Smoking is associated with higher cardiovascular risk in young women than in men: the Tecumseh Blood Pressure Study : Journal of Hypertension

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Smoking is associated with higher cardiovascular risk in young women than in men

the Tecumseh Blood Pressure Study

Vriz, Olga1; Nesbitt, Shawna1; Krause, Lisa1; Majahalme, Silja1; Lu, Hong1; Julius, Stevo1

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Journal of Hypertension 15(2):p 127-134, February 1997.



Tobacco smoking is associated with a higher prevalence of atherosclerosis and respiratory disease.


To investigate differences between hemodynamic and biochemical findings in smokers and nonsmokers in the two sexes separately in the Tecumseh population.


We studied 851 subjects. They were divided according to smoking habits into group 1, nonsmokers (258 men and 234 women); and group 2, smokers (185 men and 174 women).


Unpaired Student's t-tests and nonparametric tests were performed to determine the between-group P-values. Only hematocrit differed significantly between smokers and nonsmokers in both sexes (43.9 ± 0.2 and 44.6 ± 9.3%, P < 0.05 in men; 39.2 ± 0.3 and 40.3 ± 0.3%, P = 0.007 in women, respectively in nonsmokers and smokers). Triglycerides (80.6 ± 3.8 and 99.6 ± 4.3 mg/dl, P < 0.001), left ventricular mass index (95.4 ± 1.9 and 100.0 ± 1.2 g/m2, P = 0.008), and posterior wall thickness (9.5 ± 0.1 and 9.71 ± 0.01 mm, P = 0.044) were elevated and high-density lipoproteins were decreased (48.7 ± 0.8 and 44.5 ± 0.9 mg/dl, P < 0.01) only in women smokers.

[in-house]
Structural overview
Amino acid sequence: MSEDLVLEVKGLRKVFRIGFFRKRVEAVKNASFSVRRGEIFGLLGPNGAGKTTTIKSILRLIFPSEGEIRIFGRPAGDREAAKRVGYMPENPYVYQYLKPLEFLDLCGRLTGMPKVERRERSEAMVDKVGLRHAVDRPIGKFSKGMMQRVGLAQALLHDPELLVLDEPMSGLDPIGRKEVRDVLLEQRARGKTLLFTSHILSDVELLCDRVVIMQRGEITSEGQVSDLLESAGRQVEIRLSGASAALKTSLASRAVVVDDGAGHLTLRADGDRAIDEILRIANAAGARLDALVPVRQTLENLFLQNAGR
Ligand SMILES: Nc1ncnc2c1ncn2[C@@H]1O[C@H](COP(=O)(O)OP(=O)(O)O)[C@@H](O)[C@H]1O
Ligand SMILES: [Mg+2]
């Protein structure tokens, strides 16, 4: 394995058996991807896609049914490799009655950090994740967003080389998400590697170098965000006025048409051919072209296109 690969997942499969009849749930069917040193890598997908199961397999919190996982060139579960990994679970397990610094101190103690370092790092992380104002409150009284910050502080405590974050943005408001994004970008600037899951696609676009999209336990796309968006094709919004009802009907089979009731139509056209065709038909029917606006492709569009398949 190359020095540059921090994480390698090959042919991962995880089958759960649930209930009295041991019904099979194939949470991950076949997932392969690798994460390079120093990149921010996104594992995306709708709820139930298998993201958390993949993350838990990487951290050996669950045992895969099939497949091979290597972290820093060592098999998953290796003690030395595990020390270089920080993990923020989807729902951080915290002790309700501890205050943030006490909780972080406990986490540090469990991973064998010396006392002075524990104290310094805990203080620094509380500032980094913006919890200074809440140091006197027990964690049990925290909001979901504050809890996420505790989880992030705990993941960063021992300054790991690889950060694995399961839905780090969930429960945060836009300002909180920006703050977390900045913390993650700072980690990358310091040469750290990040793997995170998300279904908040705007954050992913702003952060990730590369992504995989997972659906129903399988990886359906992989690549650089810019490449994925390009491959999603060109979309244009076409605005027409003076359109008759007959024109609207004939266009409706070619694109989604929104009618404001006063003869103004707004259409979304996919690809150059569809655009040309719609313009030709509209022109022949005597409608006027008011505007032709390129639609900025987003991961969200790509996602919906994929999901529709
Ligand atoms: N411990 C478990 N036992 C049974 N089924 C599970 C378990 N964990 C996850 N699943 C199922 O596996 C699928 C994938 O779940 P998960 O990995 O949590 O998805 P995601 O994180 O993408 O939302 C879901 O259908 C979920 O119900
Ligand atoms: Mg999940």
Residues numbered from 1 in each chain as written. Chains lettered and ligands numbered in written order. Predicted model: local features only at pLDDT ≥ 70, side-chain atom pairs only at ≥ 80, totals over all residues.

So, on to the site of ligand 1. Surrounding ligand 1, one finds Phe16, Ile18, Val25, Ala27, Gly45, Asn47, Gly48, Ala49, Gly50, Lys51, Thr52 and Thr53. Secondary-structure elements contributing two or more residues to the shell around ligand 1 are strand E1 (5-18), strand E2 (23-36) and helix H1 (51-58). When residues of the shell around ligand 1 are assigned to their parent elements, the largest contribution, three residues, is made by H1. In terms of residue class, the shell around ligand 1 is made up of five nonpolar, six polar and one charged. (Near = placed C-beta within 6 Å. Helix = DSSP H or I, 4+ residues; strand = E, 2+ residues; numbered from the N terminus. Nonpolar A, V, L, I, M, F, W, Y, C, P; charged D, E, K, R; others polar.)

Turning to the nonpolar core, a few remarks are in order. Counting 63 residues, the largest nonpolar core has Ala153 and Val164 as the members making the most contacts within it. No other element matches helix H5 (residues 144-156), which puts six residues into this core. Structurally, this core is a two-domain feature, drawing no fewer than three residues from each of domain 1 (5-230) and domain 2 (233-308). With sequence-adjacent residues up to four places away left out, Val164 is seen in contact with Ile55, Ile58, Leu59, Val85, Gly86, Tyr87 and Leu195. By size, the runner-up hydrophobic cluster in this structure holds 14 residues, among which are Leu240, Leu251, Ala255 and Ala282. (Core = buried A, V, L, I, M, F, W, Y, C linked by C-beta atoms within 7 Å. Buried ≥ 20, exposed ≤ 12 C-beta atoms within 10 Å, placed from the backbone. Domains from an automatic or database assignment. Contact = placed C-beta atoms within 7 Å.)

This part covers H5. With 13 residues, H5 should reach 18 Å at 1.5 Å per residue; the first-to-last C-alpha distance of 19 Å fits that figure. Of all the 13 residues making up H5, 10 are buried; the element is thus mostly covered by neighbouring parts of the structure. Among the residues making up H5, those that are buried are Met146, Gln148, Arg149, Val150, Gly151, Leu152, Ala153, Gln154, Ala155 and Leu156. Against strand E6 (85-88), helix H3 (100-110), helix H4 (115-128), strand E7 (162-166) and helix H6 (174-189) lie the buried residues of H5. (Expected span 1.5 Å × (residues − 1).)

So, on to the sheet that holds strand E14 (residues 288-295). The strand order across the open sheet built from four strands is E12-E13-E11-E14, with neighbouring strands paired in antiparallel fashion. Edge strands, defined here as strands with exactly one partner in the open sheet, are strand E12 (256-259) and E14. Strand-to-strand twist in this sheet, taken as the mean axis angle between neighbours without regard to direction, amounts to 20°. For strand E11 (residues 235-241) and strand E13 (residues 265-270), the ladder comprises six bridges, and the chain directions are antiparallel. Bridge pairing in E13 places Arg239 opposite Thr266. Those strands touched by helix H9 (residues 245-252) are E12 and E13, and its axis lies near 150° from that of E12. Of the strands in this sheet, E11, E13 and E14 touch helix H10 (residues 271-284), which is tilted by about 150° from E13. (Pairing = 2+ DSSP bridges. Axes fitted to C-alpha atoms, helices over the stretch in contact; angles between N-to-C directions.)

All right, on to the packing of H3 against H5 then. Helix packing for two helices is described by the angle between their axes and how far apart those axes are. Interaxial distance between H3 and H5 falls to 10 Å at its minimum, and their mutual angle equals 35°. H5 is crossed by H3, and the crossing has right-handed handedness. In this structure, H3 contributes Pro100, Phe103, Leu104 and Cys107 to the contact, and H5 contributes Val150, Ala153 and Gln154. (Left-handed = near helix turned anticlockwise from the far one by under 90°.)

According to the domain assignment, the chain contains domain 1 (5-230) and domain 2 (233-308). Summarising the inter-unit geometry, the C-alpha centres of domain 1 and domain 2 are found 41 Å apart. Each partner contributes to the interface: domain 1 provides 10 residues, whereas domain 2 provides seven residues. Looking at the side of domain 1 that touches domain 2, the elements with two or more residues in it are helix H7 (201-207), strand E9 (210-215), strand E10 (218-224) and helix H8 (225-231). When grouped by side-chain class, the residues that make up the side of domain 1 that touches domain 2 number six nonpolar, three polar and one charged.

After adjustment for home systolic blood pressure and body mass index the differences in women remained significant except for posterior wall thickness.


Tobacco smoking is deleterious to both sexes but it appears to be particularly harmful to women. Our data can, in part, explain why the relative risk of myocardial infarction is higher in women than it is in men.

© Lippincott-Raven Publishers.

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